Biden is an incredible speaker. While his address focused primarily on transportation benefits from a federal stimulus package, Biden spoke on several other topics too. I felt motivated by one particular point he made about America.
|Vice President Biden visits Union Depot in St Paul, Minnesota|
At one point in his remarks, Biden reflected on a visit to China, several years ago. During his tour, China's president Xi Jinping asked him what made America great. "One word," Biden told him. "Possibilities." America is great because we have so many possibilities. And the future of America will be strong, said Biden, because so many enterprising Americans find opportunity in those possibilities. We continue to explore new technology, new innovation, new ways to grow.
This point connected with me. Afterwards, I reflected on Biden's story and realized that is one reason why I am so invested in open source software. It's about possibilities.
Open source software exists because a developer saw something that didn't exist yet, and wrote a program to fill that need. As an open source community, we explore possibilities. How can we do this thing? And now that we've done that thing, how can we make it even better?
My first experience with open source software was in 1993. The term "open source software" hadn't been popularized yet, but the concept of Free Software was already alive. I discovered tools that a community of developers created, then gave away for free. And that software was on par with (and sometimes better than) many commercial programs of the era. Even better, you could download the source code and make improvements or fix bugs, then give away your changes so others could enjoy them.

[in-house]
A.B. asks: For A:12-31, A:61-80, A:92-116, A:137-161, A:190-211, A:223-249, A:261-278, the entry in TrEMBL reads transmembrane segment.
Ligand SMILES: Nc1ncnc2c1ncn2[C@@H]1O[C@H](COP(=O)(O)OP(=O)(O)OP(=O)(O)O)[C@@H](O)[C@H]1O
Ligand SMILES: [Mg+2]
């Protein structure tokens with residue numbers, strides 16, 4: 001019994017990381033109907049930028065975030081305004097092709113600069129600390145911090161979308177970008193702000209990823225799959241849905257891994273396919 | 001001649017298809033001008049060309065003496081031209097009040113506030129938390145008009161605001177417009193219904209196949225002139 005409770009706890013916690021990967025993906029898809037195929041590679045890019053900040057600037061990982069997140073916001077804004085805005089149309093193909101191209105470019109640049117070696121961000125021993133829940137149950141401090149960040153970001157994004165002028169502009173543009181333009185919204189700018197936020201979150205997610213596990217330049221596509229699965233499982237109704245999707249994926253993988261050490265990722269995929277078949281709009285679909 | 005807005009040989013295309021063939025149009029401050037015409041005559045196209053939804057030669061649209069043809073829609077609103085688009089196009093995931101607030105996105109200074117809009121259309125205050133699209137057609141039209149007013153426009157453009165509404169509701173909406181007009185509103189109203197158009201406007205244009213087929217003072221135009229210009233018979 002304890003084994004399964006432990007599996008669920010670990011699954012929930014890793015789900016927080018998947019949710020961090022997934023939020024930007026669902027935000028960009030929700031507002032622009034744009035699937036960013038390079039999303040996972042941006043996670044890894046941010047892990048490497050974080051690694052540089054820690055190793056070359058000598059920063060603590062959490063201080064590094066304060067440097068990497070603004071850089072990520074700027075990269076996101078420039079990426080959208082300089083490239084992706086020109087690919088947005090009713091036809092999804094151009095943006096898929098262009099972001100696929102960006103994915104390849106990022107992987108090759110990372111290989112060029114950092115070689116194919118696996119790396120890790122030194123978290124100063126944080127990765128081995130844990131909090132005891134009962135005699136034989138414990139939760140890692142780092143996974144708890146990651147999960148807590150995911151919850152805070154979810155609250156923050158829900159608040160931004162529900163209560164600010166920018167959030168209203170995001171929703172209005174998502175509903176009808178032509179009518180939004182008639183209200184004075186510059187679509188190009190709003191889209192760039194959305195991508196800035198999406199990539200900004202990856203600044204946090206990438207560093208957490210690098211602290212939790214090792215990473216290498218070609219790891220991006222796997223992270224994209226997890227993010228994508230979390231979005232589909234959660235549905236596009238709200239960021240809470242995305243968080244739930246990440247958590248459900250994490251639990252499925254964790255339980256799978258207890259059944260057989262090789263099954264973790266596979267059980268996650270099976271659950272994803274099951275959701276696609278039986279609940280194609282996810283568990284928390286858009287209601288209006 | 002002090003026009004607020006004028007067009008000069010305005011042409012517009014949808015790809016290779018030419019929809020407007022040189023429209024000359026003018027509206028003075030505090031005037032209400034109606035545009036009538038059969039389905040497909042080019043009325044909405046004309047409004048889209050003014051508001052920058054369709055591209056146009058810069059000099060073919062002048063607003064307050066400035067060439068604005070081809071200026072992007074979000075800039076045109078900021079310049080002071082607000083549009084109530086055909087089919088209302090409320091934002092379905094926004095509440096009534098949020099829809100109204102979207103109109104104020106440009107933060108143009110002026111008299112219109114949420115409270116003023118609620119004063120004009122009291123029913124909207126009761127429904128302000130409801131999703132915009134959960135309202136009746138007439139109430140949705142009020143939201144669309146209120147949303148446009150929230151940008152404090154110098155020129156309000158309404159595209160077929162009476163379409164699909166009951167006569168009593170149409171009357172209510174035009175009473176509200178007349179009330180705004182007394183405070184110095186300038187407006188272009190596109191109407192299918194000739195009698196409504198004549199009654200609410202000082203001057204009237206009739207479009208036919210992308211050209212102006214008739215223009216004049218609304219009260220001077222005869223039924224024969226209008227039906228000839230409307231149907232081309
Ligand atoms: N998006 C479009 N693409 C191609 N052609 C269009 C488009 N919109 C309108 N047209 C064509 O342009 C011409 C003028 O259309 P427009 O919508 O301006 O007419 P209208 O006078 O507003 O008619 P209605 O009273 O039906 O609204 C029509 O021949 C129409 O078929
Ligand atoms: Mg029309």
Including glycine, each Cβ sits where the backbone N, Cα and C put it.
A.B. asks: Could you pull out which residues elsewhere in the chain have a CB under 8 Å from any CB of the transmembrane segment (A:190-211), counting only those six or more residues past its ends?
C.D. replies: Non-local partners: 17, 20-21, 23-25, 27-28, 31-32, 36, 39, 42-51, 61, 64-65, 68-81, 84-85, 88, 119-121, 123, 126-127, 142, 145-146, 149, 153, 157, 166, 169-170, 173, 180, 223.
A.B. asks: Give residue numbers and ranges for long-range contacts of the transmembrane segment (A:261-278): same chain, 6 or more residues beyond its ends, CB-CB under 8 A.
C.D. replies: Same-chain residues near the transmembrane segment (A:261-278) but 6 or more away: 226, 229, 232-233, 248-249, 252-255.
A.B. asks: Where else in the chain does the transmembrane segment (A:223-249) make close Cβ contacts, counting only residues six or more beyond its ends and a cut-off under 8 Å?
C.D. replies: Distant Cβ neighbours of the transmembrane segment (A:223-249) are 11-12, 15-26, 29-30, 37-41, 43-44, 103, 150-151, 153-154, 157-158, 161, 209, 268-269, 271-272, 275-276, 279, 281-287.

I was amazed at Free Software in 1993, and quickly realized the potential of a group of developers working together to create great software. So in 1994, when Microsoft announced that MS-DOS was "dead," I realized we could leverage the Free Software concept to create our own free version of DOS for everyone to use. With that, FreeDOS was born.
More than twenty years later, I continue to engage in open source software because of the possibilities inherent in that ideal. Given enough developers, we can do anything. Look at the reach of Linux. At its inception in 1991, Linux was a neat experiment, a promising small Unix operating system that would run on home computers, but didn't do much. Today, even Microsoft plans to support products for Linux.
My professional career keeps me pretty busy these days, so I don't have as much free time to write code for open source software projects. Instead, I have shifted my open source focus to usability testing. I want all open source software to be easy to use. That's how I contribute and work with others in open source. Because when we work together, we seize possibilities and make open source software truly amazing.